It’s hard, but developing your kids’ manners beyond Please & Thank You is
And like so many other things, getting kids into the habit of using manners at an
early age makes things much easier in the long haul.
As my kids age and begin to play away from home and interact with teachers and
parents, I’m noticing that they don’t always use eye contact when speaking with
others and they often forget to say “excuse me.”
I’ve also noticed that simply telling them to practice these good manners isn’t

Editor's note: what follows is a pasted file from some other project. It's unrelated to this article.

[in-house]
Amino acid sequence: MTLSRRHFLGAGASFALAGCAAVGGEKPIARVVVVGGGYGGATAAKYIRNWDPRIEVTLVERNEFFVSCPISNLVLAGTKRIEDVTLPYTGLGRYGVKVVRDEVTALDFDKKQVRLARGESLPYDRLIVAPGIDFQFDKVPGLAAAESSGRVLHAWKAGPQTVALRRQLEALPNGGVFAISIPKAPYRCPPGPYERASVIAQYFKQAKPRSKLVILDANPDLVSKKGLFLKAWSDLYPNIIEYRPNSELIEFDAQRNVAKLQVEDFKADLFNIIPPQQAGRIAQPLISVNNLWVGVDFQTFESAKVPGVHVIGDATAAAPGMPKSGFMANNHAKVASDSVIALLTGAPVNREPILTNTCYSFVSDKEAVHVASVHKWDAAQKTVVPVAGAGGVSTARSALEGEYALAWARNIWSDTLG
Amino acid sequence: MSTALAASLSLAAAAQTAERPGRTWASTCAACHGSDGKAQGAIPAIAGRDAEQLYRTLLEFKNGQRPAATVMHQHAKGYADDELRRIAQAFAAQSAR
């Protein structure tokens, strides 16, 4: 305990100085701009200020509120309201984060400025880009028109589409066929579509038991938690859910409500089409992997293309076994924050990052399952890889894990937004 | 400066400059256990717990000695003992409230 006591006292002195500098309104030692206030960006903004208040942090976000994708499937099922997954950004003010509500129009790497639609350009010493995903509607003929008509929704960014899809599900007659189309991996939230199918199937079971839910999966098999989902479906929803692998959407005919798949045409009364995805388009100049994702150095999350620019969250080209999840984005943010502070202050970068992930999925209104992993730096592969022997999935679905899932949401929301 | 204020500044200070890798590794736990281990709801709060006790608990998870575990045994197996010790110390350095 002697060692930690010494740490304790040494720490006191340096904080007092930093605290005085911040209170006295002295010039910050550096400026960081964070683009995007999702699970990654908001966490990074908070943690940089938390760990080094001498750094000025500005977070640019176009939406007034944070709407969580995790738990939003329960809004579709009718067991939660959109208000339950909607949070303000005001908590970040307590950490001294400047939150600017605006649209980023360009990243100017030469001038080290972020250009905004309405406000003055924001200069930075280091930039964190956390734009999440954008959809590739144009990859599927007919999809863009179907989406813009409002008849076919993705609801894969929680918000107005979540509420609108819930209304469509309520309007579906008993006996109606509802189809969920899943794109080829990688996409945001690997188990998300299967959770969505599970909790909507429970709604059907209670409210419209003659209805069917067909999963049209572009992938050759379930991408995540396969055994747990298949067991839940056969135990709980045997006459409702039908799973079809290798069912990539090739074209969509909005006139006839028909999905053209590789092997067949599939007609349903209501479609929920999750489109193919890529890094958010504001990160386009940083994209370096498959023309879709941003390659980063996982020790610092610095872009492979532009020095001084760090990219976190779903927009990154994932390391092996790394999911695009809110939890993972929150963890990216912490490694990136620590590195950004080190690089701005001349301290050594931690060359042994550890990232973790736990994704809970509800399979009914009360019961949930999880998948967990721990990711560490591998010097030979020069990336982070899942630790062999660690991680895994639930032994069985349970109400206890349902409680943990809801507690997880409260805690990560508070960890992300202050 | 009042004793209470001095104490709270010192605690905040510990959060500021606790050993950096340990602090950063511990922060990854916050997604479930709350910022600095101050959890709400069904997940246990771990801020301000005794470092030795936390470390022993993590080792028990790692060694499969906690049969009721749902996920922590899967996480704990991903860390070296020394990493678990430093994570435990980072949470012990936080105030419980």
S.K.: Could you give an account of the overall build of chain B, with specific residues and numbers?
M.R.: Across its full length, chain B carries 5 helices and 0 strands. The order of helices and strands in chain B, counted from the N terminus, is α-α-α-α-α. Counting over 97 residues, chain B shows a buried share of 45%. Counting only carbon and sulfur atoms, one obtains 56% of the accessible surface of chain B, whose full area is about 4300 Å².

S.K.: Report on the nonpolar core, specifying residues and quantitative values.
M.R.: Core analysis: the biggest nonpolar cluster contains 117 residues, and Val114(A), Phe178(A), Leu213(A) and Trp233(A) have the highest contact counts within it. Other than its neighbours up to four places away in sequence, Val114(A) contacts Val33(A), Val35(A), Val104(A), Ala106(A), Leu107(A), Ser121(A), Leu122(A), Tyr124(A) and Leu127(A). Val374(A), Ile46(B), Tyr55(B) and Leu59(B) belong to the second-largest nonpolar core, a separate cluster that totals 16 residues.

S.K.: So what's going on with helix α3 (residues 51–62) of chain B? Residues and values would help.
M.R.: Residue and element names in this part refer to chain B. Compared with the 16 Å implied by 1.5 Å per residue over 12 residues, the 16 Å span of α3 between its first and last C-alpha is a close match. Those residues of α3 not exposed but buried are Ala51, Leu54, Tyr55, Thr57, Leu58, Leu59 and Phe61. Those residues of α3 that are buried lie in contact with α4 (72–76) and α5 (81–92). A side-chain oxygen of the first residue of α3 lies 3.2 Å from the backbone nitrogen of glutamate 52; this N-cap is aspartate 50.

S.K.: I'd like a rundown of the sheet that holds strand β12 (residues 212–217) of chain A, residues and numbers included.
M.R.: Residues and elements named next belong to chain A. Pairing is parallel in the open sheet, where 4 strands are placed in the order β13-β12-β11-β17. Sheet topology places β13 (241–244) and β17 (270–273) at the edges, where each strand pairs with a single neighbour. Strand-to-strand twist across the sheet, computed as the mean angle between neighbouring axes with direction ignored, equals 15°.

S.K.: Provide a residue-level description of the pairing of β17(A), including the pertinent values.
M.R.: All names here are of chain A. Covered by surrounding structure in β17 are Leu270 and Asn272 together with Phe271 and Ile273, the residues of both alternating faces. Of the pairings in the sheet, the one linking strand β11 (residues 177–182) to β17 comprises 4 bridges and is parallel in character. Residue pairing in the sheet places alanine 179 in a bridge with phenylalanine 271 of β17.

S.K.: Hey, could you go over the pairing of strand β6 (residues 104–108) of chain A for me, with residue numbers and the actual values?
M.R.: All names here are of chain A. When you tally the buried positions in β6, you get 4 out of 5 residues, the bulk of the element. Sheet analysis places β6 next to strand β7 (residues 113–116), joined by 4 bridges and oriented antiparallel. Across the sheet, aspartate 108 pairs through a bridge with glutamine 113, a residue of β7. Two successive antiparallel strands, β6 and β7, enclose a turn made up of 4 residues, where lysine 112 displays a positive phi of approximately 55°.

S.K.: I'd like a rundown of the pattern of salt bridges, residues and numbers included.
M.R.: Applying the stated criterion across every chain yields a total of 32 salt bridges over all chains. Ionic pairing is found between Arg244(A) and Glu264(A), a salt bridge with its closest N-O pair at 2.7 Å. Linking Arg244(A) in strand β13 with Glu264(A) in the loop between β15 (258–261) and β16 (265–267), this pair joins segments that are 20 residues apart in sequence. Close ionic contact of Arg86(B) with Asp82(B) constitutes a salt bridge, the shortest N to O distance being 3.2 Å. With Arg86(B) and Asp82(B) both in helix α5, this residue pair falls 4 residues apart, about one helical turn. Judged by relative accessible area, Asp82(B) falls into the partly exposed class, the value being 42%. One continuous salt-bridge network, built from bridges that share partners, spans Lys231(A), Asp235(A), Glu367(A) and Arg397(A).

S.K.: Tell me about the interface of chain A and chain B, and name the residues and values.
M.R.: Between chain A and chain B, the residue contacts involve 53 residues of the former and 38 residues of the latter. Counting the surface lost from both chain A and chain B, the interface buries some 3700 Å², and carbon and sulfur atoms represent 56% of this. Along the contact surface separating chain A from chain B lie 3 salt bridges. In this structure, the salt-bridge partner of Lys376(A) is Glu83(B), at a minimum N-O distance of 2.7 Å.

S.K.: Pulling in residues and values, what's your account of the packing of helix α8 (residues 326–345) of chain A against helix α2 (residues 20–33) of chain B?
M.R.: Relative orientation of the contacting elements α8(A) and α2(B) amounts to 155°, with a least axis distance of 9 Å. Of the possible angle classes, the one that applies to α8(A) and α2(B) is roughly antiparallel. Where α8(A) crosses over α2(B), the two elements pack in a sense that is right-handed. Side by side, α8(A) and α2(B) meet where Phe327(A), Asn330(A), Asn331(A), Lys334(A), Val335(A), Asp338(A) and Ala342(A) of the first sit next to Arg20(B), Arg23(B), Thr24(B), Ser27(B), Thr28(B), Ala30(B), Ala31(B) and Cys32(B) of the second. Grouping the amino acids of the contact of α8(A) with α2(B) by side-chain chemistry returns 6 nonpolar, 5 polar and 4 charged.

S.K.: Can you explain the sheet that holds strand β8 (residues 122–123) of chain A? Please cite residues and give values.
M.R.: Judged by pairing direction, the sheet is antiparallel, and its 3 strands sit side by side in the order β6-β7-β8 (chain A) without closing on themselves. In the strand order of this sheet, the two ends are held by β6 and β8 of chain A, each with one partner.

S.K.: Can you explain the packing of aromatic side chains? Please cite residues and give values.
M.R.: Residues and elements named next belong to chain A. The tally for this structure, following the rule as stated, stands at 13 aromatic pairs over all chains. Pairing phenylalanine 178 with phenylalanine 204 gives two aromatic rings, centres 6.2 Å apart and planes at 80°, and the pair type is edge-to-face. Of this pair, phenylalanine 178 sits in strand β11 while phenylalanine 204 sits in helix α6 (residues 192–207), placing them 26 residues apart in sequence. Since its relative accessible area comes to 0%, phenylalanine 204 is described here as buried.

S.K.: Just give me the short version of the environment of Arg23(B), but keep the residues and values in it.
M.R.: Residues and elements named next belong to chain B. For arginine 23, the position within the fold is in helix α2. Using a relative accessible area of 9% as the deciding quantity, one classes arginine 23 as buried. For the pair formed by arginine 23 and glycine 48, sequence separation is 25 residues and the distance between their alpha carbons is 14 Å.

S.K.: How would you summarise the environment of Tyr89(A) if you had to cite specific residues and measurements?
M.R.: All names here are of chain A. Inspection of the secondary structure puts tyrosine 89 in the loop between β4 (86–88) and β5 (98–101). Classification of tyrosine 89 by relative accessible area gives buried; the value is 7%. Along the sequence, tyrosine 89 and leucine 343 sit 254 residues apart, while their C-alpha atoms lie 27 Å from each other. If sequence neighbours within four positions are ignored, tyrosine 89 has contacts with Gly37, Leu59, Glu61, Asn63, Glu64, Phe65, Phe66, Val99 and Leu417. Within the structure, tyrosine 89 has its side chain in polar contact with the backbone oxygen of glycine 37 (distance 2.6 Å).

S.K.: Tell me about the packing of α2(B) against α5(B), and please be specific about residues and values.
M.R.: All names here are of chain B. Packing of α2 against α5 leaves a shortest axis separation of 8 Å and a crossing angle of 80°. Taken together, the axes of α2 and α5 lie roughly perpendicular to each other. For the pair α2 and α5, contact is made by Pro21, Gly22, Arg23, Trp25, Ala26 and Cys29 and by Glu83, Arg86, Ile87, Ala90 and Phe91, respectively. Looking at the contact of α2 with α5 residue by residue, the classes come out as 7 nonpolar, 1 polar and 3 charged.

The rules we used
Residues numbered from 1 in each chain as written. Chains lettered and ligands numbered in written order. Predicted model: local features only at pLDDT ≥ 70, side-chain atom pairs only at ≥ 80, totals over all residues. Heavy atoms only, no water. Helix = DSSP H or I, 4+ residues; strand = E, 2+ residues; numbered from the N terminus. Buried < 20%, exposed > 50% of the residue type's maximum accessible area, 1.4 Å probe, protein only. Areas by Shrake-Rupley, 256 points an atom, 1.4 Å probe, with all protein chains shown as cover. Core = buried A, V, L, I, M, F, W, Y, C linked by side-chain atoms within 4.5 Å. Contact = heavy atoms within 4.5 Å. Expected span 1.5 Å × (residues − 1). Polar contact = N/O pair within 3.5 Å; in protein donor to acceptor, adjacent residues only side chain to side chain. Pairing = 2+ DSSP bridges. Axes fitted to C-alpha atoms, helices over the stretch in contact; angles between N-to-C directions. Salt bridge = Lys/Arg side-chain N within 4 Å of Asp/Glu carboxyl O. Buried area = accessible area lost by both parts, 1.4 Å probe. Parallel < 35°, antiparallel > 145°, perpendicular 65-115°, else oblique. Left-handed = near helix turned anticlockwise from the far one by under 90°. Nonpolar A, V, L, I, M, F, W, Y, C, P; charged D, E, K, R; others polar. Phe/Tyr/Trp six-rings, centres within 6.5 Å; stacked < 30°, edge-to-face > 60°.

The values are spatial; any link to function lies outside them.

To develop good manners in kids, they need to know why this is important for
them. After all, they see their father and me using manners all the time, so they know
that these are things that people are supposed to do, but kids want to know what the
point is.
When I explain the why behind certain manners, their eyes light up with
comprehension. “Ohhhh,” they say. “Okay!” And they begin to practice it.
To start working on manners for kids, try to model the kinds of behavior you
want to see in your children.
Trust me—they are paying attention. (Even when you don’t want them to!)
Having Good Manners is an incredibly important life skill.